DUBLIN, Ireland -- For the Vatican this has been a sour 10 days in Ireland. It began with Dublin Archbishop Diarmuid Martin suggesting there may be a “cabal” in the Vatican protecting sex abusers. This at a time when Irish Prime Minister Enda Kenny refused to back down on his charges of Vatican interference in the sovereign affairs of the Irish state -- despite Rome’s rebuttal that cut little ice in Ireland as it denied a cover-up.
Days passed, and then, when a former Irish missionary sued Ireland’s national television, RTÉ, for libel over an allegation he’d fathered a child in Nigeria, Rome was immediately reminded that Nigeria could be the next country to erupt with a barrage of clerical sexual abuse claims.
Meanwhile, the Vatican is waiting for the next boot to drop as the Irish police, the Garda', move to the fore. The Garda' is reviewing 80 years of formal sexual abuse complaints against the clergy, complaints presumably hushed up due to collusion between church and governmental authorities.
To cap the 10-day period, former Derry Bishop Edward Daly, in a book published this week, called for optional celibacy -- a married priesthood -- in the Catholic Church.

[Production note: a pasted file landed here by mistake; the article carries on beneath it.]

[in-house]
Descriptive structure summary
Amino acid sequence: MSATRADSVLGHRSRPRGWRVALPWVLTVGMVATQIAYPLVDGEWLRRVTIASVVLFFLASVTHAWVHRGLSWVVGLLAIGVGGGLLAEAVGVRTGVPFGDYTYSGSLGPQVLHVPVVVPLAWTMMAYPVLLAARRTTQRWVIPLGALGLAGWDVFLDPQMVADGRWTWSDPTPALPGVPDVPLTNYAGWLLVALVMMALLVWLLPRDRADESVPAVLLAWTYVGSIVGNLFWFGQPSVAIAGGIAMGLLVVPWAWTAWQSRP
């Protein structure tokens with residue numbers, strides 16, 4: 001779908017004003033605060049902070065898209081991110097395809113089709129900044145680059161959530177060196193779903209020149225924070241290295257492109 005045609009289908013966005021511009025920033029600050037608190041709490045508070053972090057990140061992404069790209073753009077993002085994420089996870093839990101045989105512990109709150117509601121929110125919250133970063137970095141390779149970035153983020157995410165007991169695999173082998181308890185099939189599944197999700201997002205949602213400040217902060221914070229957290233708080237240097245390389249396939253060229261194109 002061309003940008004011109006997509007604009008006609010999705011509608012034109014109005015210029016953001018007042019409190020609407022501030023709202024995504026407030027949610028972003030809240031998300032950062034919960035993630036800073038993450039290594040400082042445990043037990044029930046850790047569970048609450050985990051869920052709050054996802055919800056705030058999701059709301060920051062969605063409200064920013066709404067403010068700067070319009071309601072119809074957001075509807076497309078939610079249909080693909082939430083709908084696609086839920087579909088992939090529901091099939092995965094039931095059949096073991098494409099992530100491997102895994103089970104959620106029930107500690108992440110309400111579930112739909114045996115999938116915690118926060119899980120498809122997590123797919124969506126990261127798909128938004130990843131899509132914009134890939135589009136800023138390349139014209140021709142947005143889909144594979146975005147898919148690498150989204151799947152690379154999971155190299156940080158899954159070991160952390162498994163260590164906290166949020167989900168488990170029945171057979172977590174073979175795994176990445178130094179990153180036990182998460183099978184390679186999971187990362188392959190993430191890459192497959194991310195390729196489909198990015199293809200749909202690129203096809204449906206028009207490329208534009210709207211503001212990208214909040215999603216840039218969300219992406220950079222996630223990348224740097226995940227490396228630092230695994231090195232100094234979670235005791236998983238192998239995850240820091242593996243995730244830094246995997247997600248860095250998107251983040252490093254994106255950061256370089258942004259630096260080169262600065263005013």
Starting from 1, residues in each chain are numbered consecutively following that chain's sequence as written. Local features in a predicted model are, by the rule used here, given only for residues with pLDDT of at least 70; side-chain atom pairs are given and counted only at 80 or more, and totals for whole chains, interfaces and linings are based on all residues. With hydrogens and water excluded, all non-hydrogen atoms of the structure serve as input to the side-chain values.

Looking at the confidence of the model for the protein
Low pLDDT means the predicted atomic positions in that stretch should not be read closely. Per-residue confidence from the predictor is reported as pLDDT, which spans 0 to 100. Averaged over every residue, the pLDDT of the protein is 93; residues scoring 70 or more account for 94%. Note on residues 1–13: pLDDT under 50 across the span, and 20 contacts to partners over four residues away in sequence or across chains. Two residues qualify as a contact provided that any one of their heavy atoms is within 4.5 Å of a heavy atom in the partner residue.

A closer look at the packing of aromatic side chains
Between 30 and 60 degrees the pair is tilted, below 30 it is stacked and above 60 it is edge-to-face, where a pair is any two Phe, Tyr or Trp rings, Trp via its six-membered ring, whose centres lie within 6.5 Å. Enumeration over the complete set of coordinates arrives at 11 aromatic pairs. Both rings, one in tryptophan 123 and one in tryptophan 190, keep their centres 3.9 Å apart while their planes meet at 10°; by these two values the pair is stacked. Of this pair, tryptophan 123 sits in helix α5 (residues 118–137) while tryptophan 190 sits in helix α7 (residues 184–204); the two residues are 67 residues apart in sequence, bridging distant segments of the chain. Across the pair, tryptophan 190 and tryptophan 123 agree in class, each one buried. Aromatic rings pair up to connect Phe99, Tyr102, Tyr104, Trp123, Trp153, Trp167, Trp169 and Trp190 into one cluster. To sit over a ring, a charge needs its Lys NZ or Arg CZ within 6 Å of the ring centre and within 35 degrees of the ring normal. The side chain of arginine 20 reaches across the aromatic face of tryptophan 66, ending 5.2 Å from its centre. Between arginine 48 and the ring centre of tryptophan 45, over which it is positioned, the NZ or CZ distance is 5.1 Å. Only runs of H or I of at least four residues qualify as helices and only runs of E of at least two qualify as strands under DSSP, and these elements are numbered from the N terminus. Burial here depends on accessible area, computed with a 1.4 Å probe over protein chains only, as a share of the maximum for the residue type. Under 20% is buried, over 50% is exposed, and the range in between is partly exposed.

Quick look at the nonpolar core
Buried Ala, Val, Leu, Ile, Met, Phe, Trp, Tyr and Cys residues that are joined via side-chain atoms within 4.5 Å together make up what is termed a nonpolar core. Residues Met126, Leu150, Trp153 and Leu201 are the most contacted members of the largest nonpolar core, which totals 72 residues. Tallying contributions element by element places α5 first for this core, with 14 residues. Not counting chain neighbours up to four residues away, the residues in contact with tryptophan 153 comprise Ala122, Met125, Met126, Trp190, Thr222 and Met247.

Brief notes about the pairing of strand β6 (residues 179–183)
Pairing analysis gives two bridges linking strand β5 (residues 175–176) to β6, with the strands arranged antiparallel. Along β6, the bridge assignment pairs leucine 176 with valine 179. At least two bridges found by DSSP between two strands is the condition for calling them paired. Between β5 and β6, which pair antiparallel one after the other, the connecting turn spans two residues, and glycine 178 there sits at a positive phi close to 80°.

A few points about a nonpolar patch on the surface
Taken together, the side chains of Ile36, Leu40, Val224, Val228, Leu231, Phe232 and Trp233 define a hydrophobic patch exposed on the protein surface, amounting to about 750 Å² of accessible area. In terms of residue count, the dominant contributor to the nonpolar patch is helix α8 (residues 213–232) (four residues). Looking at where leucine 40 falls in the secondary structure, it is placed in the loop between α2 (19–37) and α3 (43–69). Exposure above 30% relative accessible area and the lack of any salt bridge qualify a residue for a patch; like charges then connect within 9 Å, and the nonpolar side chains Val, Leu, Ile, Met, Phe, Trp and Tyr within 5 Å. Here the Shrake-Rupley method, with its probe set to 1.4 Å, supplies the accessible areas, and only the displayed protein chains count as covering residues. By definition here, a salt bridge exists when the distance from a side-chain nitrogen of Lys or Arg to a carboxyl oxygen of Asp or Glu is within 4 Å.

All this, with Mass attendance plummeting and much of the 4.5 million Irish population (nominally 88.4 percent Catholic) disgusted at the church leadership’s betrayal from the top on down.
The most damaging blow to the Vatican’s image was the Sept. 4 suggestion by Martin in the Irish Independent that sexual abusers in the Cloyne diocese (already the subject of a major Irish investigation) may be protected by a “cabal,” and that by extension the same cabal could exist in the Irish church, and the Vatican.
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His statement in full, as reported by the Independent, suggests:
The numbers that are involved are few. The damage that these people cause is horrendous. It’s for all of us to see where they are, but in the long-term I have to take the responsibility that in Dublin there are not cabals who reject our child protection laws.
Everybody knows there are people who have challenged what I do, there are people who challenge what the Dublin archdiocese does, people challenge what the national norms are. They exist. The way we get out of the cabals is by those of us who are convinced of what we are doing being strong together.
Yet it is Daly who, in his A Troubled See: Memoirs of a Derry Bishop, is indirectly pressing the Vatican hardest with a reality it cannot avoid: the priest shortage. Married priests may not be enough. Sixteen years from now there will be only 1,500 rapidly aging priests in Ireland for 4.5 million people.
[On assignment in Ireland, Arthur Jones is NCR books editor.]
Editor's Note: Just after Jones filed this report, Catholic News Service reported that Pope transfers nuncio from Ireland to Czech Republic.
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